And More Insights From the Executive Summit at Fusion 2022
We’ve been writing about lifelong learning for some time now. In fact, in our latest D2L white paper, we looked at barriers that get in the way of both upskilling at scale and support for lifelong learning.
But what if workers live to be 150 years old—or older? Wouldn’t that put a whole different spin on the notion of “lifelong” learning?
That was the bombshell Dr. Michelle R. Weise dropped at the start of the D2L Executive Summit at Fusion 2022—and it got leaders in the room talking excitedly long after the conclusion of the event and well into the warm Boston night.
Weise broke it down for us this way.
Human life spans are increasing at a rate of three years every year, thanks to advances in medicine and medical technology. This means that babies born today could reasonably expect to live to a staggering 150 years old. Retiring at 60 would be impractical, because people likely won’t be able to amass the savings they need to support themselves for the next 70 years. In other words, said Weise, we’re looking at future careers that could be as long as 60 years. In fact, we’re already seeing workers staying in the workforce well into their 60s and 70s.
Our world simply wasn’t built to support such a long career span. Our systems of economic mobility (higher education, work-based training, retirement supports) were instead built for a rapidly growing population with shorter life spans and defined-length careers. Weise pointed out that higher education institutions aren’t keeping up with that change, and we need to shift from supporting learners with one deep area of expertise to a model that supports the multiple deep areas of expertise that people will need over the course of a much longer working life.
But that was just the first of many challenging ideas we heard at this year’s Executive Summit.
Because at the very same time that workers are living longer and needing to refresh their skill sets and knowledge more often, enrollments in higher education in the U.S. are dropping fast. Since 2003, the number of higher education institutions in the U.S. has fallen from about 4,700 to somewhere around 4,300, thanks to demographic pressure. A COVID-19 baby bust will undoubtedly create a future downward slope in enrollments, leading to a further decline in the number of institutions and a consolidation of offerings.
To improve learning access for all learners and buck the trend of enrollment decline, institutions need to do a better job of reaching working learners—and employers need to improve their support for continual employee learning. The result should be a system transformed from today’s “learn, earn, rest” model to one of “learn, earn, learn, earn” simultaneously throughout one’s career span. To do so, we also need to work to remove the three biggest deterrents to education for the future longlife learners: housing insecurity, child care costs and health care costs. There can be no “future of work and learning” at a meaningful scale without addressing these pressing, practical and human concerns.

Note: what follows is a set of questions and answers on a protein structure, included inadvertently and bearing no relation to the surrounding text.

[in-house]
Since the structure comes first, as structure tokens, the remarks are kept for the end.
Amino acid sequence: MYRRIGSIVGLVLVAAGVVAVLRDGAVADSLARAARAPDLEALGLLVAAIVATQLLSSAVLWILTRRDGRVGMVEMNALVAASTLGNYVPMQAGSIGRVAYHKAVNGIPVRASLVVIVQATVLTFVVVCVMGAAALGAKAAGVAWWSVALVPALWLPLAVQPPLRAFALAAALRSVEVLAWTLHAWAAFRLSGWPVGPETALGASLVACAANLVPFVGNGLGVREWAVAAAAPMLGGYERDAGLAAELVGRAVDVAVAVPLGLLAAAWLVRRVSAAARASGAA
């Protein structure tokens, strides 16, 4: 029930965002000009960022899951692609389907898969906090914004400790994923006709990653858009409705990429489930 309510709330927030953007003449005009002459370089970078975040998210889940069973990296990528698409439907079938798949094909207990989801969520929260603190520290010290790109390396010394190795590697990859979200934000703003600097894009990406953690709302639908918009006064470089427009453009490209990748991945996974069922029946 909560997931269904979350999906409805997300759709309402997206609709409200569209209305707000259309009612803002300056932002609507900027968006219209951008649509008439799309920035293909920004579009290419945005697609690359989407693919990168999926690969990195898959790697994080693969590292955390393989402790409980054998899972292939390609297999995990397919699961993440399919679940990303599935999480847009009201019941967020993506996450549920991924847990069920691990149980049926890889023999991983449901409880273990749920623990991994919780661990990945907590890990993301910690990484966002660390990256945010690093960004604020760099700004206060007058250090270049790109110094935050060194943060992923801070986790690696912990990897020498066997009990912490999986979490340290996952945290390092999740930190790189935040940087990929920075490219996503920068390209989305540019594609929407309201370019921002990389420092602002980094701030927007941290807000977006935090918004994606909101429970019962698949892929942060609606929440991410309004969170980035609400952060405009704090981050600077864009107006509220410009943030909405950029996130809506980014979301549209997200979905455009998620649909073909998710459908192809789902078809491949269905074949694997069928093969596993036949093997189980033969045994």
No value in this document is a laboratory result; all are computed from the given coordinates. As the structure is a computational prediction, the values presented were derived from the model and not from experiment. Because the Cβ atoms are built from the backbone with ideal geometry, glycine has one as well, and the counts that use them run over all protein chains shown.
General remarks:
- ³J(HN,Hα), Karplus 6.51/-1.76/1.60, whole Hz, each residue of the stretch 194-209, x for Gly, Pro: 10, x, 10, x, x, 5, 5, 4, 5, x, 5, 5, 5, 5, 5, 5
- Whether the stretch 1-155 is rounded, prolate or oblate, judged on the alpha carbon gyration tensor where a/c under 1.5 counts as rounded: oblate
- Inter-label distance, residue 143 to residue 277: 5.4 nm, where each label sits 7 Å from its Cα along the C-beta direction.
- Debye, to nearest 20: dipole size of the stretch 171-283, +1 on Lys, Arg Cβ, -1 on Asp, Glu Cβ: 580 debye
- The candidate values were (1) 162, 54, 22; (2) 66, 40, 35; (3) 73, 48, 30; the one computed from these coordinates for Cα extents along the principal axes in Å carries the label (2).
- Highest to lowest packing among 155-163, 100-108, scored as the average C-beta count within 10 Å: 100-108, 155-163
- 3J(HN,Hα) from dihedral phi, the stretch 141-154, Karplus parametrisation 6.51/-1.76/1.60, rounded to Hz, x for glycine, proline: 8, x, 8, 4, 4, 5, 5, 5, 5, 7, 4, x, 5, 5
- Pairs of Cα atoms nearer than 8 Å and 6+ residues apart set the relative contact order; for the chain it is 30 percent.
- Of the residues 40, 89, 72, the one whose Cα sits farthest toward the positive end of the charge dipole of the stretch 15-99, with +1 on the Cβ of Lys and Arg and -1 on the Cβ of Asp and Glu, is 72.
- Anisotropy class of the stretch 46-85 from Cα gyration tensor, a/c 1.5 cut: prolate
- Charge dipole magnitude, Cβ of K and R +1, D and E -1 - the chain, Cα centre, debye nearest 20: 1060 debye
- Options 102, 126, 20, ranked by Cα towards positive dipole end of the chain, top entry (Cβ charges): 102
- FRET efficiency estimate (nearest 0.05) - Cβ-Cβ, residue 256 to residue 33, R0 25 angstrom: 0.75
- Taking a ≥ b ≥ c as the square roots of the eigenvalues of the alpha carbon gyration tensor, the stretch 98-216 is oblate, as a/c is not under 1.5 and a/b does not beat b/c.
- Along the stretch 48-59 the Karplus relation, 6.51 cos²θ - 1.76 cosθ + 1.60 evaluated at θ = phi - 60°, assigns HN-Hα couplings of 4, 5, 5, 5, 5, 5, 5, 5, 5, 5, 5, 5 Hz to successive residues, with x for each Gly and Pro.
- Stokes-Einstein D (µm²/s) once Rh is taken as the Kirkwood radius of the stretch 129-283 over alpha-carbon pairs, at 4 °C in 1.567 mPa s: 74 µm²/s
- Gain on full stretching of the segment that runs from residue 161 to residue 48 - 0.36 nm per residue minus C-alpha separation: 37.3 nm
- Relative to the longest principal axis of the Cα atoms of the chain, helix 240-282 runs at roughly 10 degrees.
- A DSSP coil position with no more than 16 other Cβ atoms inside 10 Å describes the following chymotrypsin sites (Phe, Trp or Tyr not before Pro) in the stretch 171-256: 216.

Improving alignment and partnership between employers and institutions of higher learning was the resounding solution we heard about during the day, though we also heard that no single approach can be replicated across institutions and places.
Participants in the Industry/Higher Ed panel at the Executive Summit concluded that too often the relationship between industry and higher ed has been transactional, not a true partnership. Paul Trudel, senior vice president, people and culture, at EllisDon, pointed out that industry needs to be able to tap into the different expertise of multiple institutions to address training needs rather than expecting to find the solution to all its needs in one institution.
On the institutional side, Dr. Gervan Fearon, president of George Brown College, suggested that institutions should also continuously evaluate the return on investment of any partnership and ensure that there is always value to a partnership.
At the end of a fantastic day of learning and discussion, one thing was clear: The changes that have long been forecast have arrived. The age of the lifelong learner is here. Institutions and industries need to consider how they will serve people living, working, learning and thriving for a century-and-a-half life span, and creating accessible systems for the ageless learner is essential to ensuring people stay